Writers’ weekly 4 | Don’t let a good defence stop you

Why start to complain when opponents give you a hard time. Isn’t it better to look for an answer that show them who you are at the table.

This hand came up during a matchpoint event, try to figure out the best play before you read on.

The bidding gave you valuable information after east interfered with a weak jump. West led 9 of hearts, east won by the ace. Next came a diamond, won by the ace after west played the queen.

You would preferd east to play hearts. You could ruff a heart, pull trumps, play ace and jack of clubs then have the ace of diamonds as entry to get rid of the diamonds on king and queen of clubs. The diamond play took away the entry in dummy.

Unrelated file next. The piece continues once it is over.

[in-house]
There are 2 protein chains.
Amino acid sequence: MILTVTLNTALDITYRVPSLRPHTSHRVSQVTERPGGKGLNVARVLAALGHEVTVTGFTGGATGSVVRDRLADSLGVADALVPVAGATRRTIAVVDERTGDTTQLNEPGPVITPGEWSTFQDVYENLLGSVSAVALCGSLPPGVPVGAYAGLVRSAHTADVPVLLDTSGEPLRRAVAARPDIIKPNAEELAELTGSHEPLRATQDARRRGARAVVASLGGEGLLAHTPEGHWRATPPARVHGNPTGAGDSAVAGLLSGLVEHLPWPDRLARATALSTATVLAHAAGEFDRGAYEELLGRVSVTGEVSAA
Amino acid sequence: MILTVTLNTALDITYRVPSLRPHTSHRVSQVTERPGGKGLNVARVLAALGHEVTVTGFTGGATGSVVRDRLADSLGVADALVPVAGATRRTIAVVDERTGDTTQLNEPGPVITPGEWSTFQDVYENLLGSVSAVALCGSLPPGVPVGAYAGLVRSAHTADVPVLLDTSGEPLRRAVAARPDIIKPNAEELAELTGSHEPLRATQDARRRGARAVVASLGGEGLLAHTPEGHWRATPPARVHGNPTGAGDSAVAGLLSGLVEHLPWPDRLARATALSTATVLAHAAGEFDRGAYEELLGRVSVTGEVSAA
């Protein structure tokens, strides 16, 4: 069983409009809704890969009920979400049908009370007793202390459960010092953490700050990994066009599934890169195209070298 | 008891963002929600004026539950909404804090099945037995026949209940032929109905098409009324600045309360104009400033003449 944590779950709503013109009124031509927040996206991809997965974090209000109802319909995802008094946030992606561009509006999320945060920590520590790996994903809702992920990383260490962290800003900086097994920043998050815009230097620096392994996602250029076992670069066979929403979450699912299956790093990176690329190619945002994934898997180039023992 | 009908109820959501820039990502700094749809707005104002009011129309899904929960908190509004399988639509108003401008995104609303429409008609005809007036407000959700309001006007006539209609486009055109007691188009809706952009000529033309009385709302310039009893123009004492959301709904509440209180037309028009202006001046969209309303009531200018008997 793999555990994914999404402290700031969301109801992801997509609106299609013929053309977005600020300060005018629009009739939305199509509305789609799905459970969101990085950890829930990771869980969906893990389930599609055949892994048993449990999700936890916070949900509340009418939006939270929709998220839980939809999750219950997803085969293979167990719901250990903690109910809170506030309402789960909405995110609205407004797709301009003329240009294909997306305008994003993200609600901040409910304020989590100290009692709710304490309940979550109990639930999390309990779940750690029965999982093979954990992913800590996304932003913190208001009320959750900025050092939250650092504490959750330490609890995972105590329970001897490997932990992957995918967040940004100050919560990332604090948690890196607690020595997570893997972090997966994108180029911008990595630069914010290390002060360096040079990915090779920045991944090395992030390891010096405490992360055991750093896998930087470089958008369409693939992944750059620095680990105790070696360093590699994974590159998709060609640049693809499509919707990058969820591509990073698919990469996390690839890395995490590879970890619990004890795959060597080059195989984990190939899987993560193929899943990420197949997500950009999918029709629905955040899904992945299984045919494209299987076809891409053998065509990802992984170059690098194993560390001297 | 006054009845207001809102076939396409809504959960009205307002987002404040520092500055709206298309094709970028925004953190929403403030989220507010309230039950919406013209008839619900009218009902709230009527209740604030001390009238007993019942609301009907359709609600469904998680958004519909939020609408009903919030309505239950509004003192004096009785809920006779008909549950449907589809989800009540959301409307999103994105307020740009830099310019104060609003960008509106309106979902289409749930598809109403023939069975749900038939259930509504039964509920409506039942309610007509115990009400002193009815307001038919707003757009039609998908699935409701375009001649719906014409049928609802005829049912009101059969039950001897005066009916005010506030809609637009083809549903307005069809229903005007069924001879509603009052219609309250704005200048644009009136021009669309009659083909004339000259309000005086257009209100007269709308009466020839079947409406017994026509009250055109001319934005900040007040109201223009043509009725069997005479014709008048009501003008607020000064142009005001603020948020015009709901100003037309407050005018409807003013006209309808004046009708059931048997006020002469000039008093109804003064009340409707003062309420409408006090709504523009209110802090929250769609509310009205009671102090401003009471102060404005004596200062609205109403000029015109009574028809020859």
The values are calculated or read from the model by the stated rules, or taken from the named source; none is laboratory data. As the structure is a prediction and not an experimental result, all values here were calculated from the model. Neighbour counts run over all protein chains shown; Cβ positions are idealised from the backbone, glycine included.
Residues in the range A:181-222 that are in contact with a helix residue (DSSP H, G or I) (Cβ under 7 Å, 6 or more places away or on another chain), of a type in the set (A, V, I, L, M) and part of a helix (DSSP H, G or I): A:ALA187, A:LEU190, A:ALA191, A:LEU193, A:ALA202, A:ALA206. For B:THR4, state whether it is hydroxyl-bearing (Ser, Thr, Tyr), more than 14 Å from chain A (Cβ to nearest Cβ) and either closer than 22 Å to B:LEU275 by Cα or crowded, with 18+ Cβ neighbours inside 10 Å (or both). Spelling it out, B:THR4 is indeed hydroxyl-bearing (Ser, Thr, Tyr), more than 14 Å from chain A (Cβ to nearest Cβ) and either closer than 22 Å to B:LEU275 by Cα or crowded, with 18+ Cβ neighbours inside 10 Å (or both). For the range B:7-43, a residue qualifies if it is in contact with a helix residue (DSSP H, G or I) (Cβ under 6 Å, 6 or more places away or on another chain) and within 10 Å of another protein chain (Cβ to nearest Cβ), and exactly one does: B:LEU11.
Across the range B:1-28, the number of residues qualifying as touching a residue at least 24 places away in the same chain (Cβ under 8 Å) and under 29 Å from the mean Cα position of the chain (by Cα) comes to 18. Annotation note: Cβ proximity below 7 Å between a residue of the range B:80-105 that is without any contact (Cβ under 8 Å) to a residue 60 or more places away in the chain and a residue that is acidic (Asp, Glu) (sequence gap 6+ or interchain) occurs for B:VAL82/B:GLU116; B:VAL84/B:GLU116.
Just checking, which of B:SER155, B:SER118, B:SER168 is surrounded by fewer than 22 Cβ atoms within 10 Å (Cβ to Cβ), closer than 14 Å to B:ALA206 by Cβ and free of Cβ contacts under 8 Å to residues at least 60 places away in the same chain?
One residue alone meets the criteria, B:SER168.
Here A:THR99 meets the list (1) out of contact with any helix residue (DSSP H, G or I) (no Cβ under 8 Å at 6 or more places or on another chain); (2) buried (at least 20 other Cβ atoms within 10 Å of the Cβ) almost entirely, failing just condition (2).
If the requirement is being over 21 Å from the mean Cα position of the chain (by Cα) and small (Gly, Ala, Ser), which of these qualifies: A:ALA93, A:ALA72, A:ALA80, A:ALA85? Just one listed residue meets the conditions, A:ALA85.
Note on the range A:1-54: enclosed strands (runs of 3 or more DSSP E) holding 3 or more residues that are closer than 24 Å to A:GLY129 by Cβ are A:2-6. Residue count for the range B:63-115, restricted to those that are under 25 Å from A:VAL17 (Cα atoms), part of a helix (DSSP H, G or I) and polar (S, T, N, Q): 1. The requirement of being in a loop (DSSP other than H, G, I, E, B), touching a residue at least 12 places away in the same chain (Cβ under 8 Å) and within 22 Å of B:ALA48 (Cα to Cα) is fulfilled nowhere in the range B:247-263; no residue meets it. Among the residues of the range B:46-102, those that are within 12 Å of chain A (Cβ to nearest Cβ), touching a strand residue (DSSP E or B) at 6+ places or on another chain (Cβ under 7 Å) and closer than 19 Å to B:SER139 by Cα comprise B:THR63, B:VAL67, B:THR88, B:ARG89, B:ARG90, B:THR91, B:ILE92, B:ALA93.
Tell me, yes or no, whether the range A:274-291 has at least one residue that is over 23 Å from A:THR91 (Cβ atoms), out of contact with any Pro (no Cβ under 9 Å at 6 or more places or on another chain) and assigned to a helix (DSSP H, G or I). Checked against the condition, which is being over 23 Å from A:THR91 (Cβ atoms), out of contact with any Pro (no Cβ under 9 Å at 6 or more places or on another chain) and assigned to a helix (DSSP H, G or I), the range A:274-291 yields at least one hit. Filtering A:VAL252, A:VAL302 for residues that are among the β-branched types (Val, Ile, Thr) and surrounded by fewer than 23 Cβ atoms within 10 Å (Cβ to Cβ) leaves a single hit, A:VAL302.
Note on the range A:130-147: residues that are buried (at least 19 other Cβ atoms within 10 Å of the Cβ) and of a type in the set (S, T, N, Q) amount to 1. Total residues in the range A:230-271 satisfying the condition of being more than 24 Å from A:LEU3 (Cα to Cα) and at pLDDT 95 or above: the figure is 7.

Is there another way you can play to aim for 12 tricks?

The clubs might work. If T 9 or T 9 x you can overtake the jack and still make 4 clubs.

The more likely distribution is to find west with K Q of diamonds together with 4 or more clubs. You friend, the squeeze, will appear if you play carefully.

A heart to the king then a heart, west throw in the ten of spades, overruffed with the queen. Next you pull trumps with ace, king and jack. Your plan is running well, east has 3 spades, the cards look like this.

To put pressure on west you play out the trumps, the position looks like this

2 of spades squeezes west in club and diamond. He has to keep the king of diamonds and let go of a club. You play ace of clubs, overtake the jack with the queen and when the 10 and 9 falls under the king the eight of clubs end up as your 12th trick.

That play turned the board from 30 % to 70 %. Most others got a favourable defence when east continued in hearts.